On Telling ‘A Story the World Has a Hard Time Hearing’

The National has a profile on next year’s “Palestine Writes” festival, set for 

It opens:

In March of 2020, the US will see its first-ever multi-day Palestinian literature festival. The schedule for “Palestine Writes,” to be held in New York City, is crammed with Palestinian literary greats, including Ibrahim Nasrallah, Huzama Habayeb, Adania Shibli, Mahmoud Shukair, and Ghassan Zaqtan, while also boasting an appearance by iconic American activist and scholar Angela Davis.

Some participating authors live in the US and regularly appear at festivals. But for others, it will be their first time at a North American event.

The bilingual festival is set to open with poetry and music on the evening of Friday, March 27, 2020, just before Palestinians mark the resistance-commemorating “Land Day.” The schedule for Saturday and Sunday is filled with panel discussions, workshops, and plenaries, with some 50 authors, artists, and publishers expected to appear. Among them are winners of the Griffin Poetry Prize, the Naguib Mahfouz Medal, Beirut39, the International Prize for Arabic Fiction, the Etisalat Award for Arabic Children’s Literature, and the Mahmoud Darwish Prize.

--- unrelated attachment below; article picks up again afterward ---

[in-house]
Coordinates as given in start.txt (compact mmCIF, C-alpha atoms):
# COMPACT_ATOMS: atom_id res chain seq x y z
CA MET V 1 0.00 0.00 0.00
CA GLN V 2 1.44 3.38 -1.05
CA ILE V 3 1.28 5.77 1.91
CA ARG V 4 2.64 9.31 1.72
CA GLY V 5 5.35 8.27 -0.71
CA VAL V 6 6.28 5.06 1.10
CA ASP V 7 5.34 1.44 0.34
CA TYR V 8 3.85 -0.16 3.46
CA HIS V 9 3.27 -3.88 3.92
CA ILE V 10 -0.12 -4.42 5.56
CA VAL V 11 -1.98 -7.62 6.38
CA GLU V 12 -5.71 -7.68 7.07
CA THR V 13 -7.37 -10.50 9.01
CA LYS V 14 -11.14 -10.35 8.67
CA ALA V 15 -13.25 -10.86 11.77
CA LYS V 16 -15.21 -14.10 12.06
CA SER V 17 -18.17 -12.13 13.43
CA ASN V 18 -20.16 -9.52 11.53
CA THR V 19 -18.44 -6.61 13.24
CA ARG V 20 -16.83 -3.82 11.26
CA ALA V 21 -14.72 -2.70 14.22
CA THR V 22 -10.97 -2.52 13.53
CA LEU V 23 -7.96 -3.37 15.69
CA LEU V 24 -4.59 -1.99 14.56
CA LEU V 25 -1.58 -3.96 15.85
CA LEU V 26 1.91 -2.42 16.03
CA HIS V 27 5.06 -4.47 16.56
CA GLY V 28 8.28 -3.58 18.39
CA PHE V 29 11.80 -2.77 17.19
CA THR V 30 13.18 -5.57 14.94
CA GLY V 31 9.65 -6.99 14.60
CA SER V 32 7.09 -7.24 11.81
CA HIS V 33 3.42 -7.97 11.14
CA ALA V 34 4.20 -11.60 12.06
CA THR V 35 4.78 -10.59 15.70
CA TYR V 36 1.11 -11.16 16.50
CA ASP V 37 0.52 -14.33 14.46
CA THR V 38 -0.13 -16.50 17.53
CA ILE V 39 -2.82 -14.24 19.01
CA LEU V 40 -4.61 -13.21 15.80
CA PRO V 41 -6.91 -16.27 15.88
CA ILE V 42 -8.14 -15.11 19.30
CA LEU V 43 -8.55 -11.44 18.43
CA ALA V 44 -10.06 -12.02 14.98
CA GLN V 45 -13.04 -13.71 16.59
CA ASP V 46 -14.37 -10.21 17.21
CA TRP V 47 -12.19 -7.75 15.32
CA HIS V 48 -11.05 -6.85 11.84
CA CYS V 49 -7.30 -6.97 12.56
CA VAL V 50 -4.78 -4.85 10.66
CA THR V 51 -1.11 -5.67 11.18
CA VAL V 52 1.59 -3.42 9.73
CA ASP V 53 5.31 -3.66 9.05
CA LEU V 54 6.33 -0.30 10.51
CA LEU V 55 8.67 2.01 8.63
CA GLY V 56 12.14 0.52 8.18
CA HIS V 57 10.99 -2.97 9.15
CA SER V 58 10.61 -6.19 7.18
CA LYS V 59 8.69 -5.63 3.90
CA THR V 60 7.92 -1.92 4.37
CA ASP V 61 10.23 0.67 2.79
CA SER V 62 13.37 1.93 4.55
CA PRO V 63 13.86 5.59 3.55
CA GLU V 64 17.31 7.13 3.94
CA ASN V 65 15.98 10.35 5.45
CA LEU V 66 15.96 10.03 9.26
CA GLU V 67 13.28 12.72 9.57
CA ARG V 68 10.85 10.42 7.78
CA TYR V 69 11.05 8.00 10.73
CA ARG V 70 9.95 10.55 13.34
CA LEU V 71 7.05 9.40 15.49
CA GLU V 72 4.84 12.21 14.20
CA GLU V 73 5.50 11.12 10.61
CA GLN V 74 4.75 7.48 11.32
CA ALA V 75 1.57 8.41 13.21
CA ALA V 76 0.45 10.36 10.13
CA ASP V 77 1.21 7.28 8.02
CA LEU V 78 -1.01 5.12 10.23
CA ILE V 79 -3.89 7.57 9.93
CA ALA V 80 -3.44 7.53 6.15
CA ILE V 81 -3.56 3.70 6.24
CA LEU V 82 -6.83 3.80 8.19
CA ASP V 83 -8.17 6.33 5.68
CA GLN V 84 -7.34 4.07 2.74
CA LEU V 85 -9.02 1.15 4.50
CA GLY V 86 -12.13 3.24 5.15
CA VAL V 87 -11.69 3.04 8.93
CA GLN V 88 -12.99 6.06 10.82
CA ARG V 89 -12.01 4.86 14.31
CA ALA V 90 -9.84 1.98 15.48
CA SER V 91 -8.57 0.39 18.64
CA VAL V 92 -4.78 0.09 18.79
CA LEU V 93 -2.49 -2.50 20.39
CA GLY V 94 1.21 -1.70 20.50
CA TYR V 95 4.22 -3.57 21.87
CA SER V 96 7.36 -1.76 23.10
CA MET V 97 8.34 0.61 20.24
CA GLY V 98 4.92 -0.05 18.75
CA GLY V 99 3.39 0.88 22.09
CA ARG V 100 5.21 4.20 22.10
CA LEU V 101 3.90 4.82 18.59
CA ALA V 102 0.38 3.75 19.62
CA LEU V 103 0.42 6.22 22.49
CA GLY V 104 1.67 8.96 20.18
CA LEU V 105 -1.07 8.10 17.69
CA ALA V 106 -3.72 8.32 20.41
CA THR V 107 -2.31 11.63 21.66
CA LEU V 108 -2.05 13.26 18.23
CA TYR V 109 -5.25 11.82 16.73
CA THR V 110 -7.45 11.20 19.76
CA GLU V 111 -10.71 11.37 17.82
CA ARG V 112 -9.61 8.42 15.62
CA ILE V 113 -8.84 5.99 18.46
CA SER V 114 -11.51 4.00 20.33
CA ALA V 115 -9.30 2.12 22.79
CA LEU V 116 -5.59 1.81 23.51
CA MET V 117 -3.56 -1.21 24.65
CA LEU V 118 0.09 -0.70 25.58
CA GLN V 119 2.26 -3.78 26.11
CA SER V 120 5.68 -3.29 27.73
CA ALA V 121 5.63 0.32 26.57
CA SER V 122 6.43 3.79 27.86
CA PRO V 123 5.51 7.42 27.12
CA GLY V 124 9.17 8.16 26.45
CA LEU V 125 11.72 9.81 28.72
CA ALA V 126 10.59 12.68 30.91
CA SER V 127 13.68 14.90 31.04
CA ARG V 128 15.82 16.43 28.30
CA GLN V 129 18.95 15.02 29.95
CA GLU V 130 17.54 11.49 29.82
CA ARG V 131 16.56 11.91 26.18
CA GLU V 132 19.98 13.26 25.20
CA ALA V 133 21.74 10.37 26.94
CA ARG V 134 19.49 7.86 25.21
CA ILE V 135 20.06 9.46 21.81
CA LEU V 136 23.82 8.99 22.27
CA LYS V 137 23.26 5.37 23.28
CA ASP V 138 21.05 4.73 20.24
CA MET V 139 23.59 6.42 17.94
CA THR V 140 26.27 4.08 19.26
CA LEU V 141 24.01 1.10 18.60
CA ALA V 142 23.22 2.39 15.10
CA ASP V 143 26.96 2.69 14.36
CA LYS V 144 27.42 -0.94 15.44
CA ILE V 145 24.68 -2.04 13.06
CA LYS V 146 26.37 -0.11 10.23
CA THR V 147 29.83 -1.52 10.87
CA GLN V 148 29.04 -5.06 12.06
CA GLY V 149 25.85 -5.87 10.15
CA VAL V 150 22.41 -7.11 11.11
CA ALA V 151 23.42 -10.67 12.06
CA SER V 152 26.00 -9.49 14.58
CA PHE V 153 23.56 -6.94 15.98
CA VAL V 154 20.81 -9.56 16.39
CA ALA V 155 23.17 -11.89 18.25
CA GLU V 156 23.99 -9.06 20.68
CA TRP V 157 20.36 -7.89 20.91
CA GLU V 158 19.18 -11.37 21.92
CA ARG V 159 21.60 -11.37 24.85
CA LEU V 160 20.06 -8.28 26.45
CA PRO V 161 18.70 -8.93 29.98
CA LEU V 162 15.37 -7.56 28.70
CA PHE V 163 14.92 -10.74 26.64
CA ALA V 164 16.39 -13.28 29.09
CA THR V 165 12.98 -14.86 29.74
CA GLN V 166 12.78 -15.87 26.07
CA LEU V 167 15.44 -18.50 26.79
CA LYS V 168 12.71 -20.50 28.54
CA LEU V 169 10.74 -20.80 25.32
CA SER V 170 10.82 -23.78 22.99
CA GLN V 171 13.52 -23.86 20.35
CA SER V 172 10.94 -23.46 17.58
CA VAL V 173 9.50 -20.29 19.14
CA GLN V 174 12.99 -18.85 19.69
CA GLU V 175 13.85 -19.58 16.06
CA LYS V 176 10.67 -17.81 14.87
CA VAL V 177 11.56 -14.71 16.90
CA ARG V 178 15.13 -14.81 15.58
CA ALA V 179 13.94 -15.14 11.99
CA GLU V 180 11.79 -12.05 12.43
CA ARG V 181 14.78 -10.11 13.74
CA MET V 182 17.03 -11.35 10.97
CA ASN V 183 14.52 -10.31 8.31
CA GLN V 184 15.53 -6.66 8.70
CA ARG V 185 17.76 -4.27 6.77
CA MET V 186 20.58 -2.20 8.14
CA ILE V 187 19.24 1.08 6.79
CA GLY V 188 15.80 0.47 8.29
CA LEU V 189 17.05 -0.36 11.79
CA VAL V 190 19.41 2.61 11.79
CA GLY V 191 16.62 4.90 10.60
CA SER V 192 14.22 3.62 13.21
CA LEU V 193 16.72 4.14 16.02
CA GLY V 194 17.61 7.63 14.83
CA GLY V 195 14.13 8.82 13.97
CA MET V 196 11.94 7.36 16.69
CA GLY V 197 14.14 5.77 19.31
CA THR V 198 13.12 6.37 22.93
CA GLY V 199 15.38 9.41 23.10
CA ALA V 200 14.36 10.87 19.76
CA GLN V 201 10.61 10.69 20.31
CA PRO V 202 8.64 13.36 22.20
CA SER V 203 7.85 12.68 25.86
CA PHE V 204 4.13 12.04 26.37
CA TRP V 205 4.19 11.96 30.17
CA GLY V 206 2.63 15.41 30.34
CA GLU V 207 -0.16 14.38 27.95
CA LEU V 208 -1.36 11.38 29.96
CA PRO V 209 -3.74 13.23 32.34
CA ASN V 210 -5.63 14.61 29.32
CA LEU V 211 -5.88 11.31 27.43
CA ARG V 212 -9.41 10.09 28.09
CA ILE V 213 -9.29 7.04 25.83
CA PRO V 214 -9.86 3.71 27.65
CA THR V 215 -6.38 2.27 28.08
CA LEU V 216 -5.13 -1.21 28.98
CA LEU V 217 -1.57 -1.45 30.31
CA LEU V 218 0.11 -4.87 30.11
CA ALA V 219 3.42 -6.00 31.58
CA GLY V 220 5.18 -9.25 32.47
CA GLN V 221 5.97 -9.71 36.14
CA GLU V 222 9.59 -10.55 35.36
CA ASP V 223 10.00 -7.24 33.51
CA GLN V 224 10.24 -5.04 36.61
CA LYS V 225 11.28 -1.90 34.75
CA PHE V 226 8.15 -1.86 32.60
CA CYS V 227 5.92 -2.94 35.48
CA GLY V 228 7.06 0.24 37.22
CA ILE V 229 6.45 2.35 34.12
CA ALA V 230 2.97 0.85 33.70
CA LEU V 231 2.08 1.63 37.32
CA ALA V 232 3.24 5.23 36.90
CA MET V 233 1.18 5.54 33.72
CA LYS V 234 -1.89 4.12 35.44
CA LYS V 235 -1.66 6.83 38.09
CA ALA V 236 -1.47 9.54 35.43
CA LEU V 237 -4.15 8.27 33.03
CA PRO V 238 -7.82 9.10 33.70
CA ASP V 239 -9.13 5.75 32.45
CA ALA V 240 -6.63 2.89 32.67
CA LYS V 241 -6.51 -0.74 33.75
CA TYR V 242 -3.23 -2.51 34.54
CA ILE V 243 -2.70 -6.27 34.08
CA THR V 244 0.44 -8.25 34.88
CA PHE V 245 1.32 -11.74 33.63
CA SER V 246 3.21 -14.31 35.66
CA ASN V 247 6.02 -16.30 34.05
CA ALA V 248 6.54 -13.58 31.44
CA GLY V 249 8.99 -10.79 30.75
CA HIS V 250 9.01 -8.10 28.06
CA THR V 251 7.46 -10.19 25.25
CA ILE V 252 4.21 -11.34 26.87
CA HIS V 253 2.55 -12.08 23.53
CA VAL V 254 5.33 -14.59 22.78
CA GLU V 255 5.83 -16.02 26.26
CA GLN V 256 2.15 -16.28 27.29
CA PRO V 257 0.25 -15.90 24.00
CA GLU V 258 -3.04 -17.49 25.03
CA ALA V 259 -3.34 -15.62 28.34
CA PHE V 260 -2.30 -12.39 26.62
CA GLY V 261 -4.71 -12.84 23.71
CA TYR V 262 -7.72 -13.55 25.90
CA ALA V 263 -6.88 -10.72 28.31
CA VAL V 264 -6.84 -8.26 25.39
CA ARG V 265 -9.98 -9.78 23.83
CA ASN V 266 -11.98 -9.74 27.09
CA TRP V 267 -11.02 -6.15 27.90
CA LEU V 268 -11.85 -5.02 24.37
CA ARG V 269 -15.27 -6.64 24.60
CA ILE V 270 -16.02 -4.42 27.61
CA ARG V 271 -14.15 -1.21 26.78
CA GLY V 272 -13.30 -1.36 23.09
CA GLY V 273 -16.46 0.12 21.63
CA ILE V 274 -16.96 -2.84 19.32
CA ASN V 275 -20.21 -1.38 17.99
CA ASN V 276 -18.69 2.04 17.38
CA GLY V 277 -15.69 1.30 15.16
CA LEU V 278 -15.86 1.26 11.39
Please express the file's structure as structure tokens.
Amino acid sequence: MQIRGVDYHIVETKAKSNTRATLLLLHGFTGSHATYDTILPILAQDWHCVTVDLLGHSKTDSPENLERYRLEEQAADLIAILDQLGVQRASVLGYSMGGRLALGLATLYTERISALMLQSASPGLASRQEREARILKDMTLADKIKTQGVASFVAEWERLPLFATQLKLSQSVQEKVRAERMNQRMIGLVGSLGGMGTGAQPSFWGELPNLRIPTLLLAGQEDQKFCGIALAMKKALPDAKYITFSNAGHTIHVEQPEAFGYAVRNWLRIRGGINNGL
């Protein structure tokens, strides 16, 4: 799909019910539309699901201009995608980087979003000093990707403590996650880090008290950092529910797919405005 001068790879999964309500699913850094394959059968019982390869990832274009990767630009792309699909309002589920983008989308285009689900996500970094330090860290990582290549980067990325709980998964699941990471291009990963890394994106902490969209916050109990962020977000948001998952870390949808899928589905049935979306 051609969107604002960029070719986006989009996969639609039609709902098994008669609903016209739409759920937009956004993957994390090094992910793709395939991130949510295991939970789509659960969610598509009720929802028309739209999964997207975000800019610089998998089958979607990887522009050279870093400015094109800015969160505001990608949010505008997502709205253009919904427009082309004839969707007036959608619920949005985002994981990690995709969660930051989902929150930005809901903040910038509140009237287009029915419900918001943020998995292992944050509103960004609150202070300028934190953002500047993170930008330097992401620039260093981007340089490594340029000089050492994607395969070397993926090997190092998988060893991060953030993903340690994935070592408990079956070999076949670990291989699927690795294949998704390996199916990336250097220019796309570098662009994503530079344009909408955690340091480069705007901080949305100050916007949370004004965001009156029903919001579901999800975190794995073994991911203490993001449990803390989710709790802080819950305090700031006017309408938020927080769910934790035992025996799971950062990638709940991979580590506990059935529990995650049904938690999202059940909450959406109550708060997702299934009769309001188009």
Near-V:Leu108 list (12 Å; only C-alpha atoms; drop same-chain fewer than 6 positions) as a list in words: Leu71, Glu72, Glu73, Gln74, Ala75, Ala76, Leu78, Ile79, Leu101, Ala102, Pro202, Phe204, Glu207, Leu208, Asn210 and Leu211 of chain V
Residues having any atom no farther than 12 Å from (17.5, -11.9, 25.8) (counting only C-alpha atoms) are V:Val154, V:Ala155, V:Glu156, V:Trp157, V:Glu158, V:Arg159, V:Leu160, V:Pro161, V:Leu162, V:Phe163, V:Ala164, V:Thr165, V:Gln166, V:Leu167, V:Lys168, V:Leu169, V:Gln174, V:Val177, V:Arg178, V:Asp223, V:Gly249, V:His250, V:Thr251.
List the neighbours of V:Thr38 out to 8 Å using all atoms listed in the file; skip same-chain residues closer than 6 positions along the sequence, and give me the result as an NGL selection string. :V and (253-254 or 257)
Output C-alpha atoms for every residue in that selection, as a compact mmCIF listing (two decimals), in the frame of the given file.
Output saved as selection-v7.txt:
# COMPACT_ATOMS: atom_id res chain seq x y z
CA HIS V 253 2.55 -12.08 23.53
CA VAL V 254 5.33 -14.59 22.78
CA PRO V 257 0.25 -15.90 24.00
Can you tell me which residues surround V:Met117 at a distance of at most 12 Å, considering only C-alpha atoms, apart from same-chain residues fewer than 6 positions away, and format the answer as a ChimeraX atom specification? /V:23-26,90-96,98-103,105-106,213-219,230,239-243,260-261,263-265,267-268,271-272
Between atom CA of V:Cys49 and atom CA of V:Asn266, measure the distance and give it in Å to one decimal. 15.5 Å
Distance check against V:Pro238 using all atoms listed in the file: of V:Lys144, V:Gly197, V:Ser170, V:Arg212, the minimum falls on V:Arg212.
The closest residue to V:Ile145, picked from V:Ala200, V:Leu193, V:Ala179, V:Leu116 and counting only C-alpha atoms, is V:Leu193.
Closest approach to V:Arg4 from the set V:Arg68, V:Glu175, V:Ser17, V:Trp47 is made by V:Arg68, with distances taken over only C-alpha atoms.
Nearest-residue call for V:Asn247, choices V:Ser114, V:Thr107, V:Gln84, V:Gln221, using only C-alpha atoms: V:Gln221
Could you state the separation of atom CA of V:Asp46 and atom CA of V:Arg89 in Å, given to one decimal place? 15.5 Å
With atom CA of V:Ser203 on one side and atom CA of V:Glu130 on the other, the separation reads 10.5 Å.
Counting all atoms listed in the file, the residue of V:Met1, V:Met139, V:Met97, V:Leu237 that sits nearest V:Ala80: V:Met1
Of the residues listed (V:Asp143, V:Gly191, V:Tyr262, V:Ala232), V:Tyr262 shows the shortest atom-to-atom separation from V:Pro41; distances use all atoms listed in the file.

Festival co-chair Susan Abulhawa said, over the phone from her home in Pennsylvania, that the lineup is intentionally packed. ” We want attendees to feel they want to process all they’ve heard for days after the festival. The discussions and workshops are meant to be stimulating, intellectually and spiritually. In short, we want to give people things to think about, books to read, ideas to ponder.”

The festival promises to introduce New York-area bibliophiles to dozens of Palestinian authors they wouldn’t otherwise know. “These are giants in our part of the world,” Abulhawa said. “But here they’re unknown.”

Both Saturday and Sunday morning, festival-goers can arrive as early as 8:30 a.m. for breakfast and a cultural market that will feature books, art, magazines, and more. “People can come in, have coffee, walk around, talk to each other,” Abulhawa said.

The first panels and workshops are set to begin at 10 a.m., with several to choose from. Authors on the panels will be free to speak in English, Arabic, or both, with simultaneous translation available for anyone who needs it.

On the first morning, memoirist and YA author Ibtisam Barakat will lead a workshop on writing memoir and family biography. She said over email that, at most festivals where she appears, she is the only Palestinian. By contrast, this festival will bring together a mosaic of voices “to tell a more complete, larger story. That’s unique given the fragmentation of Palestinians.”

Barakat said that the Palestinian experience can provide a key window into life-writing, as it gives “an example of how to beautifully and creatively tell a story that the world has a hard time hearing.” This experience can help writers from other backgrounds learn to tell aspects of their life stories that readers refuse to hear.

Keep reading over at The National. You can buy tickets or donate to support the festival at PalestineWrites.Com.

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